WA Inc: why the ALP was 'good for business'

April 17, 1991

By Tracy Sorensen

Once the royal commission hearings began on March 12, it didn't take long for the WA Inc fiasco to break loose from the state government's damage control mechanisms and start running wildly in the direction of Canberra.

As scandals go, this one is shaping up to be a whopper. There are enough millionaires, politicians, lies, bribes, secret deals, shady corporate schemes and briefcases bulging with cash to form the basis of a dozen bad television dramas.

Did Hawke give an undertaking to filthy rich ex-showground boxer and "colourful racing identity" Laurie Connell that there would be a three-year moratorium on the introduction of a gold mining tax in exchange for a $250,000 donation to the ALP? That's the question that had Hawke emmming and errring through a very uncomfortable week in parliament.

The federal government's attempt to distance itself from the WA mess took a severe beating from revelations that total funding for the ALP '87 federal election campaign amounted to at least $950,000 from the now collapsed, discredited and fugitive WA ex-tycoons.

And this is only the beginning. Labor's erstwhile mates have nothing to lose (Laurie Connell is reported to be mucking out the stables of his six remaining polo ponies himself), and some of them will be more than willing to drag others down with them.

Meanwhile, we are being treated to an excellent overview of the way politics and business were done in this country during the '80s.

WA Labor's favours to big business were stupendous. Some of these amounted to outright gifts of millions of dollars to people who were already disgustingly rich. But it didn't stop at favours. Through a series of specially created boards and commissions (such as the WA Development Commission) to which he shamelessly appointed his friends and relatives, Burke managed to entwine the state's finances with the fortunes of the men "active in the business community" at the time.

The bull market was running at full pelt, and the nouveau riche were more "active" than ever before. Tall office blocks mushroomed in the central business district. A monument to architectural tackiness, the Burswood Island Casino, was born. The old port city of Fremantle became the brash "Home of the America's Cup".

Meanwhile, there were the telephone calls and long lunches with Laurie, where Burke sought advice and made deals.

And what deals! The West Australian reported in December 1988 that Connell had sold his interest in the planned (i.e., non-existent) Petrochemical Industries Company Ltd (PICL), only to buy it back again a few months later for $5000. A few months after that, a government-Bond Corp consortium bought the interest for $350 million — netting Connell a profit of 7 million per cent.

Hardly surprising, then, that Connell agreed with the royal commissioners that Burke's government was "good for business", and that a few hundred thousand dollars (secretly) thrown the way of the ALP might keep things sweet.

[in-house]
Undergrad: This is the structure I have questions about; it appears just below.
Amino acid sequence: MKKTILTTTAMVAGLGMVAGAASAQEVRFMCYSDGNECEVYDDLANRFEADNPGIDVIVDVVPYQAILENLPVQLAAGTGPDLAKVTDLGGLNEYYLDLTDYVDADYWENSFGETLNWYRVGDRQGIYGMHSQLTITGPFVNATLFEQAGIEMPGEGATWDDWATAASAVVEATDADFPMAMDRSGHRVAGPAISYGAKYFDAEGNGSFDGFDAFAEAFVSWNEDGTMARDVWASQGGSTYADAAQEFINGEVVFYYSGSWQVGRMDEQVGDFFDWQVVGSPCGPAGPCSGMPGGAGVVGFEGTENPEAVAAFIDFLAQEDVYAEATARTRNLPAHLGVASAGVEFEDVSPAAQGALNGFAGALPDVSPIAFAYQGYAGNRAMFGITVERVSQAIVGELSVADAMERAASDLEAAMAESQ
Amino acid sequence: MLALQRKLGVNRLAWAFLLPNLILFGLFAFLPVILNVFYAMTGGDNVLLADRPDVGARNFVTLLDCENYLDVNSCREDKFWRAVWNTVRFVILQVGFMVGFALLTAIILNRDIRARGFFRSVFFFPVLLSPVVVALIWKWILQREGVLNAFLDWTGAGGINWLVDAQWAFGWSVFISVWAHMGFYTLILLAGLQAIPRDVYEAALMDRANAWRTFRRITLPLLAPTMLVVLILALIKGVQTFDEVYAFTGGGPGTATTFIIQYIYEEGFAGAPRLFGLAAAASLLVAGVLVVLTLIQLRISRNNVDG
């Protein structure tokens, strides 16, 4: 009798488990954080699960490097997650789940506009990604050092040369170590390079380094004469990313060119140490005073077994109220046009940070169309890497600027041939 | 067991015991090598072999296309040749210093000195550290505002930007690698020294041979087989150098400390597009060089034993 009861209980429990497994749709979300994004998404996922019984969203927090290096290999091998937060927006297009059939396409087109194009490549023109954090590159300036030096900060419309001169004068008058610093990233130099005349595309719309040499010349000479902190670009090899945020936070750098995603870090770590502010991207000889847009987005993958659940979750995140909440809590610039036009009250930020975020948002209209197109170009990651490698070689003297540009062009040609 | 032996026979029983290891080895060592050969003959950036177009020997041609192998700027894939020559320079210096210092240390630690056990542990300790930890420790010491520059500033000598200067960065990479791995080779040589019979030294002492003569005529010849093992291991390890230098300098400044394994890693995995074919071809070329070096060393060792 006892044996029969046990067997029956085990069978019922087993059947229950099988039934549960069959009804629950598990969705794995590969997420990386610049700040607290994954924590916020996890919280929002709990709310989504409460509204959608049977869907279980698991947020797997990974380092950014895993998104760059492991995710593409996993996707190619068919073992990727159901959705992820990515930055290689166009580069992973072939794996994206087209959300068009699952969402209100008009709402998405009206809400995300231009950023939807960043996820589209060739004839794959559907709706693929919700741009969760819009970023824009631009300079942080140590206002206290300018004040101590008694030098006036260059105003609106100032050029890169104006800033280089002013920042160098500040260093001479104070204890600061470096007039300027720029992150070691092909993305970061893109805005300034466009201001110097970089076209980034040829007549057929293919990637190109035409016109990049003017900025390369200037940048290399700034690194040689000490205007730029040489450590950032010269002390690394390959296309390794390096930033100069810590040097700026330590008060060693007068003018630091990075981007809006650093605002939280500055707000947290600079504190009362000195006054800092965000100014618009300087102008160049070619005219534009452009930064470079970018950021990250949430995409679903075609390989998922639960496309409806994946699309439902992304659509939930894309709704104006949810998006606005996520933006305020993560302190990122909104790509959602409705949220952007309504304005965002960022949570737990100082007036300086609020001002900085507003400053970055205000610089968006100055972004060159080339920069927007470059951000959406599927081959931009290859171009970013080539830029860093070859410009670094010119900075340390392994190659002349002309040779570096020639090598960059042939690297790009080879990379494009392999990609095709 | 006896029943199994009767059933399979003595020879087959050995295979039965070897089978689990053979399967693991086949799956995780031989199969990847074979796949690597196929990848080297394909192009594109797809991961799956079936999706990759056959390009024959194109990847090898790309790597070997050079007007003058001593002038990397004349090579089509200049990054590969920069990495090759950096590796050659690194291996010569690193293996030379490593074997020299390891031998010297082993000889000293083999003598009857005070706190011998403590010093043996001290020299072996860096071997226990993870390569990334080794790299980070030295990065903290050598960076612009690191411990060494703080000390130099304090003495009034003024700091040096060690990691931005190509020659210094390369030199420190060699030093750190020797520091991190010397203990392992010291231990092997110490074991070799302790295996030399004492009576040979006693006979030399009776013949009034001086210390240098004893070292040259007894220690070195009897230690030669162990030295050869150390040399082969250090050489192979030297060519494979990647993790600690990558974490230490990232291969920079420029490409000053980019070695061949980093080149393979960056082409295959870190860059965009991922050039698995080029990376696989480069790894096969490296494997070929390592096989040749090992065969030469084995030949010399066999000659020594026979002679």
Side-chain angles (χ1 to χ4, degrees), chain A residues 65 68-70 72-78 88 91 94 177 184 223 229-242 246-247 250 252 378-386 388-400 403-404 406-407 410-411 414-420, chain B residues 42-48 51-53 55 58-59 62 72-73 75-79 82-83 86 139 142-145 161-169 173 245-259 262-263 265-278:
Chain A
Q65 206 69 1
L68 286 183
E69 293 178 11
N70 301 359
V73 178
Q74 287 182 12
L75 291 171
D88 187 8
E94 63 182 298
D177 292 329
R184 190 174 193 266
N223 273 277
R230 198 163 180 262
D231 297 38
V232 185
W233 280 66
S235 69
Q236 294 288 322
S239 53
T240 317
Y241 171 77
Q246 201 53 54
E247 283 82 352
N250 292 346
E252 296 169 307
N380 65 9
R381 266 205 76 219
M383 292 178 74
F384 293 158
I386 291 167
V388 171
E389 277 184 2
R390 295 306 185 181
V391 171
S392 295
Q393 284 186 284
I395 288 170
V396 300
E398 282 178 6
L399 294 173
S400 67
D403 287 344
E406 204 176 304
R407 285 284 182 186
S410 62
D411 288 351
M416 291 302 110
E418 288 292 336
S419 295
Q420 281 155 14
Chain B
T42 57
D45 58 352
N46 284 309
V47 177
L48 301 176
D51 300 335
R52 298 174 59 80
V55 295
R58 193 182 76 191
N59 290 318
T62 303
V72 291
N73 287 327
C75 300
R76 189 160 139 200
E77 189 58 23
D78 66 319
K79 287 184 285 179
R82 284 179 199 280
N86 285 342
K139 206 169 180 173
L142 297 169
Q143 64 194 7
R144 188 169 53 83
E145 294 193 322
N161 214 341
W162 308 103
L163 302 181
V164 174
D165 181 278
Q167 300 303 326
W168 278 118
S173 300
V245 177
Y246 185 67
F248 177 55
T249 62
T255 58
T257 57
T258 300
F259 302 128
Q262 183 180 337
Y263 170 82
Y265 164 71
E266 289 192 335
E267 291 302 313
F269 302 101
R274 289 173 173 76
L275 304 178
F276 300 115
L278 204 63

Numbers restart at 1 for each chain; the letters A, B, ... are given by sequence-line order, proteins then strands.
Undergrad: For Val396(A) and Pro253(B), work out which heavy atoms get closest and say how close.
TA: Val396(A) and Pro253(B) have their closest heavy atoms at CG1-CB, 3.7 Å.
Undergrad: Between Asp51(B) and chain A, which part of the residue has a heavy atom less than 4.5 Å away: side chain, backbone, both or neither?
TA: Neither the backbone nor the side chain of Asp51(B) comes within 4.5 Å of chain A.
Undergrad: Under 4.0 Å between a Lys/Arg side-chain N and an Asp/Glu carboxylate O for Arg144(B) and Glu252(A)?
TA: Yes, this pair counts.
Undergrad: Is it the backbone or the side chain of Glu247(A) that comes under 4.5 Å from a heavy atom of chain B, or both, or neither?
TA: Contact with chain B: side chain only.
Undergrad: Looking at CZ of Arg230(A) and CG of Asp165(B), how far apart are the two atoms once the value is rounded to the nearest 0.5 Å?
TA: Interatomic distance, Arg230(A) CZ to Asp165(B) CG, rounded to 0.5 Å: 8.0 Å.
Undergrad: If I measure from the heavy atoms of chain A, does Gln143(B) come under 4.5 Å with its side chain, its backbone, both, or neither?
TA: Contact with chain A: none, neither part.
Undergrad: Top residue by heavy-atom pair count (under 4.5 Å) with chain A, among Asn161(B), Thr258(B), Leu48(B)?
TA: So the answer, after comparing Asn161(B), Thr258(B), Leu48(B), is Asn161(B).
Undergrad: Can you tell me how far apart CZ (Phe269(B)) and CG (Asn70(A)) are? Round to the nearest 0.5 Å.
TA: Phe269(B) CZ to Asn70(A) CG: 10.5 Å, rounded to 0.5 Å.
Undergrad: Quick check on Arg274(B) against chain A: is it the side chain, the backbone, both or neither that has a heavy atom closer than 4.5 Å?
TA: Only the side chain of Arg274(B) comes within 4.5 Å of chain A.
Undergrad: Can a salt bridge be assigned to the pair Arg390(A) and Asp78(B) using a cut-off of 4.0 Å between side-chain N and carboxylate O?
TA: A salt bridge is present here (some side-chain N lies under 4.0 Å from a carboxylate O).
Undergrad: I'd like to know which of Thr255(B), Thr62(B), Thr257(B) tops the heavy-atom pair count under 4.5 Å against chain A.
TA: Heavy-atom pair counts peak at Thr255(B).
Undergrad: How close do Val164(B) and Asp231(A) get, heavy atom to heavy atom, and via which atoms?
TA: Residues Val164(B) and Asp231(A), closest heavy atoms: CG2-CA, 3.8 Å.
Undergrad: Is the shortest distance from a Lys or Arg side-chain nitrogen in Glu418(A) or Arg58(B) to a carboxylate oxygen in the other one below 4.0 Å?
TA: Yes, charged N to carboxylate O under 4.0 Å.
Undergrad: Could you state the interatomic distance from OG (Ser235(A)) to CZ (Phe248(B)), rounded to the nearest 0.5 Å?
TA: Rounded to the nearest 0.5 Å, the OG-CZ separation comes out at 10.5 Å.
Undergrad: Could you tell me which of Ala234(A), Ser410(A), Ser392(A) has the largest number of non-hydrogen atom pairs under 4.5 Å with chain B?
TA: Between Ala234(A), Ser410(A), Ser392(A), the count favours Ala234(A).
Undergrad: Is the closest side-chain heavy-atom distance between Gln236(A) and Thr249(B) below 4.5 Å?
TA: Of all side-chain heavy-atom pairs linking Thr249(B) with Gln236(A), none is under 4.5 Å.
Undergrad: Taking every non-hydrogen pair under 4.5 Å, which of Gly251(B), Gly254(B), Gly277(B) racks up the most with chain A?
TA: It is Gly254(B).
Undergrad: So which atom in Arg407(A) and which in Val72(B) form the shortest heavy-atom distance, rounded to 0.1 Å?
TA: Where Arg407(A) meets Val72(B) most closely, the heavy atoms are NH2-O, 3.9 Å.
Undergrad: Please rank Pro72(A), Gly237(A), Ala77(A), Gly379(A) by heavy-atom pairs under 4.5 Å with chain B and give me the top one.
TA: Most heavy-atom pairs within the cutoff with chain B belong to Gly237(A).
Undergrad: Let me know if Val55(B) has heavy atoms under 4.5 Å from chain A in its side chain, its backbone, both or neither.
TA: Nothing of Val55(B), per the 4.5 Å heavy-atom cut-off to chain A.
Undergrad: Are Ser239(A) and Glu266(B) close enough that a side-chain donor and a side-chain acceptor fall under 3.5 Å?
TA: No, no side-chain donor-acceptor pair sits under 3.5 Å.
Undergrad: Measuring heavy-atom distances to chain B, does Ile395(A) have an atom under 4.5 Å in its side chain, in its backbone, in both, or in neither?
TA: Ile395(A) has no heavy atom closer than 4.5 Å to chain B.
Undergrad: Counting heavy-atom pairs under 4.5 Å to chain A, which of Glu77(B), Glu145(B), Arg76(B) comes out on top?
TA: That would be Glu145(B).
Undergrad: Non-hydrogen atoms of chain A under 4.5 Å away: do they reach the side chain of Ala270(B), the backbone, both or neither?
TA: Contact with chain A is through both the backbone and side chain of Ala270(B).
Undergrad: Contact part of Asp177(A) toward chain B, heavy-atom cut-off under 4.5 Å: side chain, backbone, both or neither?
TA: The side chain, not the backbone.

Parliament took on less meaning than ever; everything was being run by an "elite of the able", a select group of people "in the know". The Legislative Assembly sat for only about half the time it had previously. Terry Burke, the premier's brother, resigned from parliament and started a much better paid career as a fundraiser for the ALP.

Burke friends and supporters Len and Brenda Brush were generously rewarded. Len the accountant was appointed head of the increasingly powerful State Government Insurance Commission, while Brenda embarked on the briefcase-full-of-dollars stage of her career as Burke's private secretary.

The SGIC, in tandem with Bond Corp, took over WA's only daily newspaper, the West Australian. Other than occasional forays into investigative journalism, the paper was not, during this period, known for its critical stance. Martin Saxon, who wrote the PICL story, had his home and office broken into the day after one of his articles appeared.

Darcy Farrell, Burke's old chief of staff from his journalism days at Channel Seven, got more than a bit part in affairs of state. In one big corporate change of hands, he acted as financial adviser to both buyer and seller. During a police investigation into alleged corporate fraud involving curious government-business ventures, Farrell was appointed to head media relations for the police. News about the progress of the investigation was therefore filtered through him.

By its very nature, WA Inc stood or fell as one piece. When the stock market crash came in October 1987, the government was set to fall along with its pumped-up pack of high-fliers. For Burke, the only way to hang on to office was to continue to prop them up, at whatever cost. With generous applications of taxpayers' money, he staved off immediate disaster. But now he was balancing on a pack of shaky cards. Ireland began to beckon. n

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